Home away from home

Vegetable farmer and exporter Daljit Singh Grewal with his dogs at his farm in Waimalika in Sabeto. Picture: NAVNESH REDDY

Daljit Singh Grewal travelled to Fiji six years ago after a friend told him it was a “mini India”. The description intrigued him.

How could a tiny South Pacific Island nation have any link — social, economical or otherwise — with the bustling Asian metropolis.

When he arrived in Nadi, Mr Grewal saw nothing but potential in the under-utilised land that lay idle.

While the businessman found Fiji exciting from a socio-economic point of view, many found his personal journey just as intriguing.

“I was born into a farming family in Ludiana, Punjab, India and I moved to England when I was around 20-years-old,” he said.

Mr Grewal married his British-born wife immediately after arriving in England and in his 20-year stint in the country, he operated a string of businesses.

“I did a total of 18 businesses, from operating general stores to liquor shops. I got married while I was in England and have three children now.”

After two decades in England, he moved to New Zealand in 2005, after falling in love with the Land of the Long White Cloud during a short visit there previously.

“Following my short visit to New Zealand, I brought my entire family to live here.”

After establishing a rural real estate business for eight years in New Zealand, he visited Fiji with a friend in 2011. Mr Grewal said he was captivated by the people, the environment and “the endless agricultural potential”.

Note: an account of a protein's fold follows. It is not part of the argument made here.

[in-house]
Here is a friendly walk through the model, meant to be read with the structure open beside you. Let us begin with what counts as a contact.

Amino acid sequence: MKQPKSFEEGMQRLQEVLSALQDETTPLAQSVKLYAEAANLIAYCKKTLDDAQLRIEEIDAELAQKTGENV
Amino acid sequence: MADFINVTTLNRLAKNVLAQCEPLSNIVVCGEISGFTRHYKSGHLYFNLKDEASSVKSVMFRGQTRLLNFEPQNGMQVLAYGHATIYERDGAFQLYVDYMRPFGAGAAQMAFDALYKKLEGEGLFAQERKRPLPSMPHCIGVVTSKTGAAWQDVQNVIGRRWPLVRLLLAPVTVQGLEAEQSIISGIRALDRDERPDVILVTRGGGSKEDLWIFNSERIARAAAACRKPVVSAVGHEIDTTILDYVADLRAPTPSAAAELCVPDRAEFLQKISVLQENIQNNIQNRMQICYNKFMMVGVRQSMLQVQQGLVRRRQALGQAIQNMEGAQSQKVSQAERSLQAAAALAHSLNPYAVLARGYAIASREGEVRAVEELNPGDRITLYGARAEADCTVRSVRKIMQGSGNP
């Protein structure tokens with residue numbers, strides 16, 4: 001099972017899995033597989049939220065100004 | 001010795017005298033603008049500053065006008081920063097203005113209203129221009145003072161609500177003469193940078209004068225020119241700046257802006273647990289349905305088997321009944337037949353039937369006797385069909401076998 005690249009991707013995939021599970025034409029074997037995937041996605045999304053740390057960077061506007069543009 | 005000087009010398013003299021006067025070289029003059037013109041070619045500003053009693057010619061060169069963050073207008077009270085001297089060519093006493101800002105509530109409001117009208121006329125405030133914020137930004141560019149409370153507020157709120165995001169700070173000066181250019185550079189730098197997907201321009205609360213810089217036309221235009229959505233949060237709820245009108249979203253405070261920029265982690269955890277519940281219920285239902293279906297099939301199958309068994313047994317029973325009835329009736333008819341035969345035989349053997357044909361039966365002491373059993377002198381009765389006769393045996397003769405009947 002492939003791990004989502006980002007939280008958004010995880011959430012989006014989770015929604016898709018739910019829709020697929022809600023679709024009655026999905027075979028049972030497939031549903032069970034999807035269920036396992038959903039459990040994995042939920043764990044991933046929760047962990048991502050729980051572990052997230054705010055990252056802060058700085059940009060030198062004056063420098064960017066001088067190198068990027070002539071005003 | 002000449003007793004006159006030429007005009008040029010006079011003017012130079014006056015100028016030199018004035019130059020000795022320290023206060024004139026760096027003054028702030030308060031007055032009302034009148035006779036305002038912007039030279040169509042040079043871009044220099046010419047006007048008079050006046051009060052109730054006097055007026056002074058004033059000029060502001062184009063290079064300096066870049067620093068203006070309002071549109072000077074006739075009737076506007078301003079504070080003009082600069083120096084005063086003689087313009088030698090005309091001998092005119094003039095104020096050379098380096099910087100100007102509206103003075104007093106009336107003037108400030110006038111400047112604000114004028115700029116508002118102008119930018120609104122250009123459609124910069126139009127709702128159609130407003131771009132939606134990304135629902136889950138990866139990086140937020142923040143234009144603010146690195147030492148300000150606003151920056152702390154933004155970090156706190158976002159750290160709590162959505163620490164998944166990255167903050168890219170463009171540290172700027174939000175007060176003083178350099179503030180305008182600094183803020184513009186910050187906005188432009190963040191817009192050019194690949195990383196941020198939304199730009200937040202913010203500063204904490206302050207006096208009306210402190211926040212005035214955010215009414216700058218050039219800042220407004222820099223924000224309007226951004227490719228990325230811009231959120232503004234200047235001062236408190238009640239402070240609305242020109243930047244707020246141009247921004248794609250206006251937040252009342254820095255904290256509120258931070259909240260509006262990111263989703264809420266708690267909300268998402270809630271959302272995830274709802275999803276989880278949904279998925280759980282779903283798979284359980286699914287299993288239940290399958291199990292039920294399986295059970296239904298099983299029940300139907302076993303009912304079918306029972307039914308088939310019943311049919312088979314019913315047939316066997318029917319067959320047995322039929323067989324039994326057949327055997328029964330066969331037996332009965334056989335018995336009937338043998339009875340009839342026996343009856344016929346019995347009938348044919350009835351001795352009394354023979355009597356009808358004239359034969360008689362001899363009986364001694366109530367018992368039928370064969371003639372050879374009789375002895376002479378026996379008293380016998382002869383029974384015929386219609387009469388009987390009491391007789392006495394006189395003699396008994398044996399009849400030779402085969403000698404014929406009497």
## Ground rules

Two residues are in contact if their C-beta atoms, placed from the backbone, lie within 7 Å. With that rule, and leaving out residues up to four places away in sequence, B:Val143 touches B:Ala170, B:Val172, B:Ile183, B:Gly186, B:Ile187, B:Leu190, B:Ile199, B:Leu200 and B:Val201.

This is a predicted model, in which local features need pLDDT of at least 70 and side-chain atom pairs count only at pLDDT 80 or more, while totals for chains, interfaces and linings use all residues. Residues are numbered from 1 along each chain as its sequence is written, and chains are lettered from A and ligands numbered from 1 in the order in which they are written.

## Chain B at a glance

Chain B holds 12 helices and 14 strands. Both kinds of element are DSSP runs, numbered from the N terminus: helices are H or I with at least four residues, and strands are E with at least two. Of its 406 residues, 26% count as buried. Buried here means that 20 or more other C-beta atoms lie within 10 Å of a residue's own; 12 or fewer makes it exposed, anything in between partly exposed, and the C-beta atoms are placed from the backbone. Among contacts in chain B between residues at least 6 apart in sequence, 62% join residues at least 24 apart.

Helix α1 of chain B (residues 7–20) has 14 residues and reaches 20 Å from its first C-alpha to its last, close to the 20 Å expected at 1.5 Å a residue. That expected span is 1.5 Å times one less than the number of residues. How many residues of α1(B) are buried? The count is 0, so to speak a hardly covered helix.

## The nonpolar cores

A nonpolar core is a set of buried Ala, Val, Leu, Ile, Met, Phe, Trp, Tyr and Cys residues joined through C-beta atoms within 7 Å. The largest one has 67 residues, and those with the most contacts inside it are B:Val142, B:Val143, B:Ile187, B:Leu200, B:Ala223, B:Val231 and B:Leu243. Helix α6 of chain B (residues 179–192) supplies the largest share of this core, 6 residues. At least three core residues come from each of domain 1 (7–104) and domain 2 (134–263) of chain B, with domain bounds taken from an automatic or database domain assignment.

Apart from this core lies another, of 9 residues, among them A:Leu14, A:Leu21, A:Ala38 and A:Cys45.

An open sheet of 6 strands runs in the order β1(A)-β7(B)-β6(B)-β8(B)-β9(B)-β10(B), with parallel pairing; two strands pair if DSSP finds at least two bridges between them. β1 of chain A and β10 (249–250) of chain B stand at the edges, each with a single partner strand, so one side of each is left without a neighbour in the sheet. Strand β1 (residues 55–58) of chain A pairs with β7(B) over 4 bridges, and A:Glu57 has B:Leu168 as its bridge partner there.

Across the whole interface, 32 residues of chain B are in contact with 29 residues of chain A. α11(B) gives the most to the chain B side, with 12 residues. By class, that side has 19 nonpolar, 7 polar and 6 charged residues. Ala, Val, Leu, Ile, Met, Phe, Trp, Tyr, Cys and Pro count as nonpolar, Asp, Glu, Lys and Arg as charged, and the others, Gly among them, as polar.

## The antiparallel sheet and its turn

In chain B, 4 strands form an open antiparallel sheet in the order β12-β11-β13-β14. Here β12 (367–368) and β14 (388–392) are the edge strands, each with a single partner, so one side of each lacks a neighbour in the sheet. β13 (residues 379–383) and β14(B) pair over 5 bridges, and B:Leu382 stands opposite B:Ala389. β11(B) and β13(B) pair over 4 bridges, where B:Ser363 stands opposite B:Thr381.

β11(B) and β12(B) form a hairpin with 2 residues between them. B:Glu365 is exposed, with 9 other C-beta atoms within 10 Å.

“I was a qualified rural real estate agent and I did my business in the real estate sector for around 12 years.

“A friend coaxed me to travel with him to Fiji after referring to the country as ‘mini India’. And when I got here, I felt I could do a lot of investment in the local agriculture.”

Once he settled in Fiji, Mr Grewal witnessed first-hand, the Pacific’s susceptibility to tropical cyclones, an experience quite new to him.

While admitting to being caught off guard, he said he had learnt enough over the past six years to help him cope with the challenge.

“I was born into a farming family, so I already had a lot of experience of farm life. However, the challenges in farming in Fiji were totally new to me, I had never experienced the magnitude of cyclones such as those I experienced here.”

Six years on and Mr Grewal still believes Fiji has the potential to be a great agriculture nation. He believes the secret to success was to learn something new everyday and to use this new knowledge to make the necessary adjustments and improvements.

“I want to keep on learning everyday and this not only applies to business.

“I am avid sports fan and keen sportsman during my younger days. I competed in cycling and boxing. I do poultry farming and also have an aquaculture pond as well.”

His advice to young Fijians was to “move away from the noodles eating culture” and to eat fresh food readily available across the country. Mr Grewal lives in Waimalika, Sabeto, Nadi.

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